Welcome to the Department of Linguistics
Language is the most massive and inclusive art we know, a mountainous and anonymous work of unconscious generations.― Edward Sapir, Language: an Introduction to the Study of Speech
The UNM Department of Linguistics is the only degree-granting linguistics program in one of the most multilingual and multicultural states in the U.S. As such, it bears particular responsibilities both to the field of linguistics and to the residents of the region it serves. The department thus has two concerns: (1) teaching and research on language structure and use, and (2) service to society on language-related issues. The department's approach to linguistic theory takes a primarily cognitive-functional perspective that focuses on language structure as interacting with language use. Data-driven and fieldwork methods are emphasized to support usage-based analyses of dynamic language phenomena. This orientation emphasizes the study of language typology, change, discourse, interaction, variation, interpreting, processing, and acquisition. The department is particularly concerned with the study of regional languages (especially Navajo, varieties of Spanish, and indigenous languages of the Americas) and signed languages (American Sign Language, in particular). This theoretical approach provides the foundation for effectively addressing our commitment to the application of linguistics to social concerns, including minority language maintenance and empowerment of minority communities. Thus, the department not only studies and teaches about the structure and use of language, but also encourages faculty and student involvement as advocates and participants in outreach to the linguistic communities in which we carry out research.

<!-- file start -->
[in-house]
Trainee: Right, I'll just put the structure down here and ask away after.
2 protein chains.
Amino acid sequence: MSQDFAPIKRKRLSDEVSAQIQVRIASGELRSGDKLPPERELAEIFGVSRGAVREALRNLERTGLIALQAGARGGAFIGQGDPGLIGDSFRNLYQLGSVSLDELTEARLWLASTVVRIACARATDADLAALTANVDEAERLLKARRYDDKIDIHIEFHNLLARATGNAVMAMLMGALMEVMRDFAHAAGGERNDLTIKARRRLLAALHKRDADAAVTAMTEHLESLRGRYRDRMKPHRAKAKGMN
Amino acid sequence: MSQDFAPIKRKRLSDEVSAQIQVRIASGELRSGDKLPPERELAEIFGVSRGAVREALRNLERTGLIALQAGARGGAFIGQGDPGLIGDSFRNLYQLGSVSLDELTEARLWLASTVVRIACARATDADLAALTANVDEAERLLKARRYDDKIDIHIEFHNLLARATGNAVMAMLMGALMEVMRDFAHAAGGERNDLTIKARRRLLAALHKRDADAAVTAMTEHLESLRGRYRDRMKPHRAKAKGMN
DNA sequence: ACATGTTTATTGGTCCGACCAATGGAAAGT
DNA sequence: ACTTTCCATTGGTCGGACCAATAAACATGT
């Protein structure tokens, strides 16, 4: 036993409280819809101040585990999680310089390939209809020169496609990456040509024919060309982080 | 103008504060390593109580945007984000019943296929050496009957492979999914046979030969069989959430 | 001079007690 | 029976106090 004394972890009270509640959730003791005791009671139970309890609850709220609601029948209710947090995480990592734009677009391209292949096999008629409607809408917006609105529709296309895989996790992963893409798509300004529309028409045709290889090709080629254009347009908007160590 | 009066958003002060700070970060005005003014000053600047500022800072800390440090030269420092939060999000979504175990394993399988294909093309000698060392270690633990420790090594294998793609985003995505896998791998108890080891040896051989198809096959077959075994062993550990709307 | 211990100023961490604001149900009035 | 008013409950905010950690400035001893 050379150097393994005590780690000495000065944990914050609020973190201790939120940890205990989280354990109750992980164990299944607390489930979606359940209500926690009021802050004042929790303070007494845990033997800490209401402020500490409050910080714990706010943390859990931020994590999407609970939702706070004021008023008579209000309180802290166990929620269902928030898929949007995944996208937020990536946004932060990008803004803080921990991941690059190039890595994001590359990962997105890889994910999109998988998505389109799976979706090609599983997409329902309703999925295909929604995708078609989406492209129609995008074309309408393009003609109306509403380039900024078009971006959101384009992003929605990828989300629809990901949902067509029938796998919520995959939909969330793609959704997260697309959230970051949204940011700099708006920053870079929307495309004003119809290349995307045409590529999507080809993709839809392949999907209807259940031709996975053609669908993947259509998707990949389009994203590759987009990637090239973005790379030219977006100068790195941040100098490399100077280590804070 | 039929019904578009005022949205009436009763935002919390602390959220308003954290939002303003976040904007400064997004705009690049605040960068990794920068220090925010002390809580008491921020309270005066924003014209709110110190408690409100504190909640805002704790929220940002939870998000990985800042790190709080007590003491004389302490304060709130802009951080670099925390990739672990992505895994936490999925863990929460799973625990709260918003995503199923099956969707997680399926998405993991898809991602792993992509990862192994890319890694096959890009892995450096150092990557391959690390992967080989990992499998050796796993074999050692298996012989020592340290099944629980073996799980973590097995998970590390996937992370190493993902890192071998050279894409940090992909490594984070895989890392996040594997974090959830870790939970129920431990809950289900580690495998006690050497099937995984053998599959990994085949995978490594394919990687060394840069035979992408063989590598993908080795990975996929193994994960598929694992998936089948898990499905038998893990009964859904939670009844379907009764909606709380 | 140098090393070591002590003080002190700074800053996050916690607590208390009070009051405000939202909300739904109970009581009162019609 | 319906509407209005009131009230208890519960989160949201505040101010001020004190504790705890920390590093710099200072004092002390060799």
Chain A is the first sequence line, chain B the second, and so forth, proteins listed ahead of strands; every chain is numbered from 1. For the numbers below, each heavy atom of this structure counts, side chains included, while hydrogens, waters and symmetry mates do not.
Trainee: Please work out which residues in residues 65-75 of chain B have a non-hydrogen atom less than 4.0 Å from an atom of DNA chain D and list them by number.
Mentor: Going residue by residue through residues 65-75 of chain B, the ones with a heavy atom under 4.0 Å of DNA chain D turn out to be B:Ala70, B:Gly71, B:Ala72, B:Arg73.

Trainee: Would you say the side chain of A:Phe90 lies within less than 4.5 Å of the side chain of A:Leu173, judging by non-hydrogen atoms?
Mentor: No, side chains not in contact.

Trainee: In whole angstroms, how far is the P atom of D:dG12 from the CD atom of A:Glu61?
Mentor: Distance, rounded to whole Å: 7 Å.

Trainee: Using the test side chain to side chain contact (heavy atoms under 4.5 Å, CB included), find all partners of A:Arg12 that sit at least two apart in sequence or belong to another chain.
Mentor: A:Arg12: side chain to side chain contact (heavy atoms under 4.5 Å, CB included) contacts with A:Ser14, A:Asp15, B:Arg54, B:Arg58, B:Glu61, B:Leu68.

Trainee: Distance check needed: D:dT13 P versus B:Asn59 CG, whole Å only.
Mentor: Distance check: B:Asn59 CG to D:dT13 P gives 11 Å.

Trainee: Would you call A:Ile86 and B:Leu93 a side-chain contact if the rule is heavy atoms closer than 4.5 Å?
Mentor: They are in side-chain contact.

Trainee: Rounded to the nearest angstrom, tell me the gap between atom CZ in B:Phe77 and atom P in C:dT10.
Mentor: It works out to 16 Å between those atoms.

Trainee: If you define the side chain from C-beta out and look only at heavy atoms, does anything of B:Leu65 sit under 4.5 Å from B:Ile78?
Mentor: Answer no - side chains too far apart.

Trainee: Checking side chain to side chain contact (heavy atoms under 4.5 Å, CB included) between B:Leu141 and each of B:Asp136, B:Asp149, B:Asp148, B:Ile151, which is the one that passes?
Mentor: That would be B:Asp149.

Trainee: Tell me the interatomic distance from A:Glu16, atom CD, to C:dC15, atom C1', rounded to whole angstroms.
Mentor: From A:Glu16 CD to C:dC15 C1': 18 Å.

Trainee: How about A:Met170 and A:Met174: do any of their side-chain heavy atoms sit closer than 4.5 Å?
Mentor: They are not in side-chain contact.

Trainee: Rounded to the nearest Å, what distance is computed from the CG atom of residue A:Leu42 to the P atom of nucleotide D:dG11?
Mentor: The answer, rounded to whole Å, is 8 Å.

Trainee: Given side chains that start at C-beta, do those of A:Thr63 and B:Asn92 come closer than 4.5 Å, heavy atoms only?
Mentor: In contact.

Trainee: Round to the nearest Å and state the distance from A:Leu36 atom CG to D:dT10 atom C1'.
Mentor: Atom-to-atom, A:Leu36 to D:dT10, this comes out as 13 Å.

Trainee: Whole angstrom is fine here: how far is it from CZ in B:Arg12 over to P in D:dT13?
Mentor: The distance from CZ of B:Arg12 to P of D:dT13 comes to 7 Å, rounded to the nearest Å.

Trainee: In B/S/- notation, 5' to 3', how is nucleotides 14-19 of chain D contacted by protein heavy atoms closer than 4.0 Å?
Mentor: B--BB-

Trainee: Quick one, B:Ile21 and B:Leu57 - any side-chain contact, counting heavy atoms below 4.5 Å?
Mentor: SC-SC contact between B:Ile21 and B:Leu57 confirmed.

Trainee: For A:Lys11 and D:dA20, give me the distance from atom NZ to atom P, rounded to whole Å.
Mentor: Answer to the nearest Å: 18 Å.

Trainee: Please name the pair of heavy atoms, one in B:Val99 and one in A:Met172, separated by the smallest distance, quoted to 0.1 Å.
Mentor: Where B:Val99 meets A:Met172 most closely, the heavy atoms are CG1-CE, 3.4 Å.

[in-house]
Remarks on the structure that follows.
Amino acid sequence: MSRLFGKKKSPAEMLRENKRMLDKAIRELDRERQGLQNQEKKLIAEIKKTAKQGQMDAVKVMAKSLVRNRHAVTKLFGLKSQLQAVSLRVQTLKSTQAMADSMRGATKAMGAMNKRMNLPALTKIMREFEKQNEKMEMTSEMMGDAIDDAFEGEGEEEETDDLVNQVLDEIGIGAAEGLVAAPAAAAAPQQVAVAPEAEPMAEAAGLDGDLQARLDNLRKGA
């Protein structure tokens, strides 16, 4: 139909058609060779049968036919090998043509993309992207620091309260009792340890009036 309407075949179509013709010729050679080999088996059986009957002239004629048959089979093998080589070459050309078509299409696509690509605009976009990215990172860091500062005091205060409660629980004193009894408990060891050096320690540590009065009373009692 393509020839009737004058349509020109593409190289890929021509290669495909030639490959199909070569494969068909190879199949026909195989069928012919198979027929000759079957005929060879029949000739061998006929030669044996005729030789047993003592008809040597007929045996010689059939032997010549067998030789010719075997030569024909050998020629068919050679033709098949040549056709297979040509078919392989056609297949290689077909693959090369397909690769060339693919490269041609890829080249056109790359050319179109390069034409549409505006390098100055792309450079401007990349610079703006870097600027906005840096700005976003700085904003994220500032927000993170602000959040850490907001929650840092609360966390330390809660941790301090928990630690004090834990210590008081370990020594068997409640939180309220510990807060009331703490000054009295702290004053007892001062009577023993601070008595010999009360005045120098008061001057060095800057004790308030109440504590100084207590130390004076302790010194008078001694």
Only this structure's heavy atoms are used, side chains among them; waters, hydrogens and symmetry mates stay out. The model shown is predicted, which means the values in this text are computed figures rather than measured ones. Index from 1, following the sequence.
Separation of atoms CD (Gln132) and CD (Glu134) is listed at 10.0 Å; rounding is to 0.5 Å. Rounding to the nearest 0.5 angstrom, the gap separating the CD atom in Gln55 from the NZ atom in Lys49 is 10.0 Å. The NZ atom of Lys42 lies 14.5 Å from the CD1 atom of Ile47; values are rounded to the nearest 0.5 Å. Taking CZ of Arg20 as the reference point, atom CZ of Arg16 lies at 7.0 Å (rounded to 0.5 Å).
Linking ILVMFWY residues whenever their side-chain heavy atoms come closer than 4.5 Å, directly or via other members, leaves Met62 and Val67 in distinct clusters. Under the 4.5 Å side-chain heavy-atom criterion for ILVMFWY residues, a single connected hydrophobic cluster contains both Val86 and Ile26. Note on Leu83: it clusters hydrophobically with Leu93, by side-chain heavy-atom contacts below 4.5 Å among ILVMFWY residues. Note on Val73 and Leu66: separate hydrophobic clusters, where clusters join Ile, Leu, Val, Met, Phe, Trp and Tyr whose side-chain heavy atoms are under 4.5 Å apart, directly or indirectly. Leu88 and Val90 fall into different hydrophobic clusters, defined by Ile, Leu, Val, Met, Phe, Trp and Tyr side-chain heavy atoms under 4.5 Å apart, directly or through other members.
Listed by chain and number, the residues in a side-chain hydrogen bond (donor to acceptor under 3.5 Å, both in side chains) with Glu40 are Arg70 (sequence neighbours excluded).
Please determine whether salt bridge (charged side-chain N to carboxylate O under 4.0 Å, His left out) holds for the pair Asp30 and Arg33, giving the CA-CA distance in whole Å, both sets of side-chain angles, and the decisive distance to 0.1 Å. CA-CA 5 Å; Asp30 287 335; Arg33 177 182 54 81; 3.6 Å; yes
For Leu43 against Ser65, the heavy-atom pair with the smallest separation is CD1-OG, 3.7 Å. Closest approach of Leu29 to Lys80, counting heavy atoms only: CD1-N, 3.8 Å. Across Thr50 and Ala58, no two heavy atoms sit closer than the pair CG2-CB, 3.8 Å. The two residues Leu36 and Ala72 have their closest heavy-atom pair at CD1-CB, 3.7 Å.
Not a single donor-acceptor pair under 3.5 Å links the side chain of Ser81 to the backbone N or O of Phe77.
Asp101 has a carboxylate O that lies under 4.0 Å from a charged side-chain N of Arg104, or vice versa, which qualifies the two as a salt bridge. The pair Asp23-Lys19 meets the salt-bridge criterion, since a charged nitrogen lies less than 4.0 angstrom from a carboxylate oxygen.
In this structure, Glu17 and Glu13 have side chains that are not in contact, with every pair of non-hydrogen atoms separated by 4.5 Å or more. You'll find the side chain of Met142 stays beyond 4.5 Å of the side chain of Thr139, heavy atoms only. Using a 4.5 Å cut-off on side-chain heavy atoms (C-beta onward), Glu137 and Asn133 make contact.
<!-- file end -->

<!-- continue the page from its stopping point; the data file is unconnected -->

Founded in 1889, the University of New Mexico sits on the traditional homelands of the Pueblo of Sandia. The original peoples of New Mexico – Pueblo, Navajo, and Apache – since time immemorial, have deep connections to the land and make significant contributions to the broader community statewide. We honor the land itself and those who are stewards of this land throughout the generations and also acknowledge our committed relationship to Indigenous peoples. We recognize their linguistic histories and affirm the value their languages and cultures carry within their communities, our state, and the world.
- Congratulations to Lukas Denk, who successfully defended his dissertation titled "Verbal inflection in prominent and frequent environments" and was awarded distinction
- Dr. Sara Siyavoshi has been awarded a one-year postdoctoral position, with an option to renew for up to three years, at the University of the Free State in Bloemfontein, South Africa. She will be working on a project to document South African Sign Language, starting with video data collection, transcription, and glossing with ELAN. The position starts July 1, 2023. Congratulations Sara!
- Congratulations to Jens Van Gysel for being awarded a @unmlaii Fellowship for 2023-2024! Jens is writing a grammar of Sanapaná, with a focus on linguistic variation.
- Congratulations to Daven Hobbs who was awarded a @unmlaii Fellowship for 2023-2024! Daven investigates grammatical complexity and language change in Nheengatu.
- Congratulations to Jill Morford and Erin Wilkinson for receiving one of seven Writing Subvention awards for their book, Understanding Signed Languages!
- Congratulations to Josh Birchall for his publication-The first comprehensive description of Aikanã, an isolate language of Brazil, together with Hein van der Voort (Museu Goeldi)! https://doi.org/10.1515/9783110419405-001